Dead Sea Scrolls

HUMANITIES, Fall 2019, Volume 40, Number 4

The most extraordinary archaeological discovery of the twentieth century was the result of a curious Bedouin shepherd tossing a rock into a cave near the Dead Sea. 

The tinkling sound of breaking pottery piqued his curiosity, and inside he and his companion discovered a collection of pottery jars, one of which contained three immaculately preserved scrolls. Soon other scrolls were found in the same cave and nearby ones. Eventually some eight hundred manuscripts in Hebrew, Old Canaanite, Aramaic, Greek, and Latin, dating from Jerusalem’s Second Temple period, emerged. These scrolls included some of the oldest extant fragments of the Hebrew Bible as well as religious writings, hymns, prayers, and legal documents. The Dead Sea Scrolls, as they would soon become known, would revolutionize the study of religious history, including the history of Judaism.

In addition to the intact scrolls, there were fragments of others that had not been as well protected. These fragments, painstakingly reassembled by scholars, have further enhanced our understanding of the Hebrew Bible, its era, and the traditions that proceed from it.

One of the most renowned scholars of the Dead Sea Scrolls is Eugene Ulrich, who until his retirement in 2013 was the John A. O’Brien Professor of Hebrew Scripture and Theology at the University of Notre Dame, chief editor of the Biblical Scrolls program, and a translator of the New Revised Standard Version (NRSV) of the Bible. The NRSV translation of several Old Testament passages is informed by the Dead Sea Scrolls.

Over a period of nearly four decades, the National Endowment for the Humanities has awarded grants, totaling more than $1.6 million, in support of Ulrich’s important work. These funds have supported the publication of dozens of volumes of the Dead Sea Scrolls.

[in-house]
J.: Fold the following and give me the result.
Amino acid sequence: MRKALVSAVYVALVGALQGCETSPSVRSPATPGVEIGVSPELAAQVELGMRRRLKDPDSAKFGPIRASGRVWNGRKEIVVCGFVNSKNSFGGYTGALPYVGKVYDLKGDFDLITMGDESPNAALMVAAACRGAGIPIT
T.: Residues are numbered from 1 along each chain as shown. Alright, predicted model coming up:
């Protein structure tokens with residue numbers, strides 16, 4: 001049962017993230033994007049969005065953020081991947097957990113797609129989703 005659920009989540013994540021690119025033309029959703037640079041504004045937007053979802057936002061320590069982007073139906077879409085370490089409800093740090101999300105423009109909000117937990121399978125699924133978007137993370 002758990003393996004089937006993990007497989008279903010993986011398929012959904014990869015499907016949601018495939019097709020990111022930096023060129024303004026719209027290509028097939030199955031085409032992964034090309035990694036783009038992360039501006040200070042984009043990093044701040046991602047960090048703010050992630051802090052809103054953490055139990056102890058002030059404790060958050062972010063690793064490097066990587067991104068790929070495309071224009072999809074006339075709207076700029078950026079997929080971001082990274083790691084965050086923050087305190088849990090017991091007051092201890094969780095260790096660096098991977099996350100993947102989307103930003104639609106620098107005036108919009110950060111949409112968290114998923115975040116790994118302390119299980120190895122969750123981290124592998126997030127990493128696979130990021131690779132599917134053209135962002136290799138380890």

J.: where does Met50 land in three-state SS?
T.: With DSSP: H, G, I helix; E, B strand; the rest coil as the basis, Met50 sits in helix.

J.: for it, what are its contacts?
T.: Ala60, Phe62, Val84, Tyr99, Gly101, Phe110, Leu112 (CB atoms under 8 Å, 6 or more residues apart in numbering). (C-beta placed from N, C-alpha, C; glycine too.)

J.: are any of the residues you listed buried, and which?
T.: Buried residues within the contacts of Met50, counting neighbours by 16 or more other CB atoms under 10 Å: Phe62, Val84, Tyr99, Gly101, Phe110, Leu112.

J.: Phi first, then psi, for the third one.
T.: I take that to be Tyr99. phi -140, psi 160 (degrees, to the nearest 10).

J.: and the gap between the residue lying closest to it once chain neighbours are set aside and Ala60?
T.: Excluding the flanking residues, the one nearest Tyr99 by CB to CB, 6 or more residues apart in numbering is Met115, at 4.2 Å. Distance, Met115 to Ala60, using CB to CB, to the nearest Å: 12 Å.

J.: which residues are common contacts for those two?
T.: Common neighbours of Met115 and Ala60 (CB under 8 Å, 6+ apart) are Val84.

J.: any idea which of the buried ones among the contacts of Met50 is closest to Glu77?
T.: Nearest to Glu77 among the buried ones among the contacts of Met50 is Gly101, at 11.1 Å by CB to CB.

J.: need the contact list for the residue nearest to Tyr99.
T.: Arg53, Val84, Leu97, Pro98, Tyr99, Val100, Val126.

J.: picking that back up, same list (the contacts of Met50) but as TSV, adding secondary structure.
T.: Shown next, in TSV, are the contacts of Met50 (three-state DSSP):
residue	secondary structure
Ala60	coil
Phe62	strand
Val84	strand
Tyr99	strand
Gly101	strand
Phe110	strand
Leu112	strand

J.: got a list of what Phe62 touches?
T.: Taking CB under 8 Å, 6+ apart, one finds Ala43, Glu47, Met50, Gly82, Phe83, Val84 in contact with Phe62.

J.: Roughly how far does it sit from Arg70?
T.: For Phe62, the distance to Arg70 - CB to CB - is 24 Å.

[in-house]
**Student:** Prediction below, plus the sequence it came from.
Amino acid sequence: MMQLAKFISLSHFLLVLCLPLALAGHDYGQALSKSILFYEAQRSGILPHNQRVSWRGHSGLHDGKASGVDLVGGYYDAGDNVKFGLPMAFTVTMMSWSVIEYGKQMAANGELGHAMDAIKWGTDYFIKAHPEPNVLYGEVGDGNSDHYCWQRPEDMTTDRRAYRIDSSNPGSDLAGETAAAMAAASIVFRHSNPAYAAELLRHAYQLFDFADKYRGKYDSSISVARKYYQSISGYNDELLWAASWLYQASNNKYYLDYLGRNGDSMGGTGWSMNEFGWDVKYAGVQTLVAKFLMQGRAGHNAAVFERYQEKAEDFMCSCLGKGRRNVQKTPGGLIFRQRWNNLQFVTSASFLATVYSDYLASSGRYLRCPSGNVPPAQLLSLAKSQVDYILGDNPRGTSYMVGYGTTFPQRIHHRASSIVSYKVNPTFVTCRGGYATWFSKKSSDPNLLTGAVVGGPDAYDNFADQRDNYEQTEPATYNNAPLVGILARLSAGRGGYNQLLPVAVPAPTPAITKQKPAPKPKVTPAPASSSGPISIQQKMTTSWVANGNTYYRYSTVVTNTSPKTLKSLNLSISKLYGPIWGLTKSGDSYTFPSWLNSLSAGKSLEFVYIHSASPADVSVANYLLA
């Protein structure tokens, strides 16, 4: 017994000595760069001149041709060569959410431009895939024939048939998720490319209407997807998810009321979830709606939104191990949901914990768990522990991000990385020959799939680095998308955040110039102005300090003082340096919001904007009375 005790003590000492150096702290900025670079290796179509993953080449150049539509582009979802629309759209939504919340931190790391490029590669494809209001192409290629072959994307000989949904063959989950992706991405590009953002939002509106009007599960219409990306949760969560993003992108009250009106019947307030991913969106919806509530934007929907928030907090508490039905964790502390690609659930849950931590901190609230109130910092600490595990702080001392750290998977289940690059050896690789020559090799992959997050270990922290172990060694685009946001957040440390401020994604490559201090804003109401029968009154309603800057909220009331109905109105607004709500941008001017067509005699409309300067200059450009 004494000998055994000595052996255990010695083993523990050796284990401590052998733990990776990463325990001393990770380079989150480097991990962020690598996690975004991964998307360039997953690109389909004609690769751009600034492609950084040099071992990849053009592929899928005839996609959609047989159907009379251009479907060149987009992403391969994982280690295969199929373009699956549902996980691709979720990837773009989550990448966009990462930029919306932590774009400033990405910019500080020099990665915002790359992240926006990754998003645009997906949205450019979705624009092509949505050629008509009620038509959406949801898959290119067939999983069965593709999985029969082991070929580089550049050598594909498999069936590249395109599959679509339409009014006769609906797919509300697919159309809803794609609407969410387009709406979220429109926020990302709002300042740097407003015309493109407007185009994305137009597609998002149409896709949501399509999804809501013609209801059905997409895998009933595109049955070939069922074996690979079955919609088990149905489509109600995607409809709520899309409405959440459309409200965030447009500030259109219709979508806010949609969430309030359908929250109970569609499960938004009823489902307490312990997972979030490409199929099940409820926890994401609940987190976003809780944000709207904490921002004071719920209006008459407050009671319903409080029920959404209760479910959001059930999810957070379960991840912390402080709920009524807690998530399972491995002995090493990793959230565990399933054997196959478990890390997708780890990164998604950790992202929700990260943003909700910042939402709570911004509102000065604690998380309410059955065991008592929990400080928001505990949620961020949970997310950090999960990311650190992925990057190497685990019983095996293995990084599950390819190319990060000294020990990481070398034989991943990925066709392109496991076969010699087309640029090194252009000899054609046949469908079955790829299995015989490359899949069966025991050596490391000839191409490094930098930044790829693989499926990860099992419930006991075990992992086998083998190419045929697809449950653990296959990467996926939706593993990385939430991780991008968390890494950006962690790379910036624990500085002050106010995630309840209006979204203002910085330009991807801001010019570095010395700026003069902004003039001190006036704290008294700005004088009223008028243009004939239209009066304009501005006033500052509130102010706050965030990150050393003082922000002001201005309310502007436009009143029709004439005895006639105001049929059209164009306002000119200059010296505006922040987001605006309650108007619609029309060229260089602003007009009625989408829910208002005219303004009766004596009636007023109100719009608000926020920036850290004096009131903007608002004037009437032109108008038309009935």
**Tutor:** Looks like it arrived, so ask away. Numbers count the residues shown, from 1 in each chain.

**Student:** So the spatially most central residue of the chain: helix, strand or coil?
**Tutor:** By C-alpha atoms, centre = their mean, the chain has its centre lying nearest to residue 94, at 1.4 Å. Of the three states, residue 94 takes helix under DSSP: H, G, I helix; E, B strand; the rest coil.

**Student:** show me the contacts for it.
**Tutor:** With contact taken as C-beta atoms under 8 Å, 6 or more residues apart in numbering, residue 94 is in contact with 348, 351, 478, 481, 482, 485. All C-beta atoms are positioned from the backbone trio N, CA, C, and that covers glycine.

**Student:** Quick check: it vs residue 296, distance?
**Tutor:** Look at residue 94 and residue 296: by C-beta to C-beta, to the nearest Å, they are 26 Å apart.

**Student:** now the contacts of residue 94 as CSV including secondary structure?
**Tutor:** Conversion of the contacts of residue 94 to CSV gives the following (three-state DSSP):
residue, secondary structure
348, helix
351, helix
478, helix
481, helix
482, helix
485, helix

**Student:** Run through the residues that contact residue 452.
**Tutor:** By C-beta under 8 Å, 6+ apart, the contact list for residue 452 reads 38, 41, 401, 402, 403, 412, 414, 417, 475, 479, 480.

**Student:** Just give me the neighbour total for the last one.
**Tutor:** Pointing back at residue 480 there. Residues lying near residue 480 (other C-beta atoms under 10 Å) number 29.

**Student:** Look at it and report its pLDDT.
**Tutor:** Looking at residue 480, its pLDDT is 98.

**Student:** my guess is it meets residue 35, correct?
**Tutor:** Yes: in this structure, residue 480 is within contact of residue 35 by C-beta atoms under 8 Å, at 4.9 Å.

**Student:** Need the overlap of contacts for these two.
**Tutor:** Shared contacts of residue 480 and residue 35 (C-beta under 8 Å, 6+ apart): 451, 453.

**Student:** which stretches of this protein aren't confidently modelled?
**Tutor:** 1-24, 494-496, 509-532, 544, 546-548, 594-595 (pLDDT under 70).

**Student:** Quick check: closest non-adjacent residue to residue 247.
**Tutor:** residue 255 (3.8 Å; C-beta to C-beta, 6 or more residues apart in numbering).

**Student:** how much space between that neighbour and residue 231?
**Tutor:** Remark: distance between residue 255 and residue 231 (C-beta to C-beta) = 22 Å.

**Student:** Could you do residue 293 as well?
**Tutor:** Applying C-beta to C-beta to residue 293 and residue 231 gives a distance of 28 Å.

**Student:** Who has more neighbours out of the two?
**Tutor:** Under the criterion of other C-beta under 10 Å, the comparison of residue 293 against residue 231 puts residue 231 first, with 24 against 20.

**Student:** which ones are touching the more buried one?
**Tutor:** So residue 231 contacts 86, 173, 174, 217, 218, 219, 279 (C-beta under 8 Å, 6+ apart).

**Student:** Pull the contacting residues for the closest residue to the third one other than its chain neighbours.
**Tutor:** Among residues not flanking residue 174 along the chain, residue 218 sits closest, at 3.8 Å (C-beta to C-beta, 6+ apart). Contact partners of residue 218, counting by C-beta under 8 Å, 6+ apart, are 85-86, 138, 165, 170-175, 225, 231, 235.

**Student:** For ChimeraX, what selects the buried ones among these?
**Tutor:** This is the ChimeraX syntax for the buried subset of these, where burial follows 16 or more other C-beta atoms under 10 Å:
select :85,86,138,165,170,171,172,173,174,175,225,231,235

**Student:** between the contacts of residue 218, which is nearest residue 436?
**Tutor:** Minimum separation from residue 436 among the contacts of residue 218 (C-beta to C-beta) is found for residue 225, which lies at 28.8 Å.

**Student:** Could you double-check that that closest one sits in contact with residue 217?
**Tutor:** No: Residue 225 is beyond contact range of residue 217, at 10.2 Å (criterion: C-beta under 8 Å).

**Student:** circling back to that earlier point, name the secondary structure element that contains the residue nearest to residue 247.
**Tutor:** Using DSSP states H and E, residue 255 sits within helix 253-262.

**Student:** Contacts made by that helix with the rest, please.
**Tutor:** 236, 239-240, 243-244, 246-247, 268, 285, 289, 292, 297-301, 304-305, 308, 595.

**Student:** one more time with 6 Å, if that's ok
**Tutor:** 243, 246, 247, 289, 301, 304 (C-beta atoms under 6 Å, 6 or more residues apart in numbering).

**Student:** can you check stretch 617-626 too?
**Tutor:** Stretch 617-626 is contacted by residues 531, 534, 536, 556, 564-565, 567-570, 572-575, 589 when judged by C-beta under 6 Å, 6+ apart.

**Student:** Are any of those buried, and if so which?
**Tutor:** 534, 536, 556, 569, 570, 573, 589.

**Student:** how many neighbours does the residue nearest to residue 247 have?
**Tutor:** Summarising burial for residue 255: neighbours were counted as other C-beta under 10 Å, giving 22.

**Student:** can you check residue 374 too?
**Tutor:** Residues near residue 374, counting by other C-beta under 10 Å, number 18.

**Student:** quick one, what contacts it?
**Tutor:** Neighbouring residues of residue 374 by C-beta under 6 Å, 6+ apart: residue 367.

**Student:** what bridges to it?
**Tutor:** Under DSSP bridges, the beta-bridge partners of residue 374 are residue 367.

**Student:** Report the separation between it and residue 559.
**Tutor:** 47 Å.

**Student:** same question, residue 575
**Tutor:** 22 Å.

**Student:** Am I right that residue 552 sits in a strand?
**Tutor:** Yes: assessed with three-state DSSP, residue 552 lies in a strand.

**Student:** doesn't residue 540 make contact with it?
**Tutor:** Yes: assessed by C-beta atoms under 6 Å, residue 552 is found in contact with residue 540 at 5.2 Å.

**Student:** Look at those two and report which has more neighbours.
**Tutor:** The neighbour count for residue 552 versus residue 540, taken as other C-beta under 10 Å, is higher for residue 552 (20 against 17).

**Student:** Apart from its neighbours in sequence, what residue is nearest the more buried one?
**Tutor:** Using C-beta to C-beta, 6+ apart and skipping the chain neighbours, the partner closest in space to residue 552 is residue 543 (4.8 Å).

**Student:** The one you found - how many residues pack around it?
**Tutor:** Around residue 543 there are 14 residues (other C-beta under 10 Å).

The Dead Sea Scrolls, Ulrich said in a recent interview, “have done more than give us a new reading of the Bible; they have also greatly illuminated the period in which they were composed.” Among other things, the scrolls have “shed a lot of light on the history of Judaism, showing a spectrum of Jewish belief.”

NEH funding made it possible for Ulrich to travel to Jerusalem with graduate assistants, a number of whom have gone on to become noted biblical scholars themselves. The grants also allowed Ulrich and his colleagues to employ sophisticated computer technology to analyze the scrolls and more carefully reassemble the fragments into a coherent whole. The digitization of the results provides scholars and students around the world with access to these historic texts.

Work on the scrolls is passing into the hands of a new generation of scholars, while various key projects continue to draw NEH support. In 2019, a $300,000 grant was awarded to Alison Schofield, associate professor of religious and Judaic studies at the University of Denver, for a project that will produce a new scholarly edition and English translations of the first scrolls found in Cave 1, which thus far have been published only in French. This endeavor will use scroll fragments unavailable for the previous edition and employ state-of-the-art photographic technology. It will provide new introductions and commentary to further enhance our understanding of the Bible as well as the origins of Christianity and its relationship to Judaism.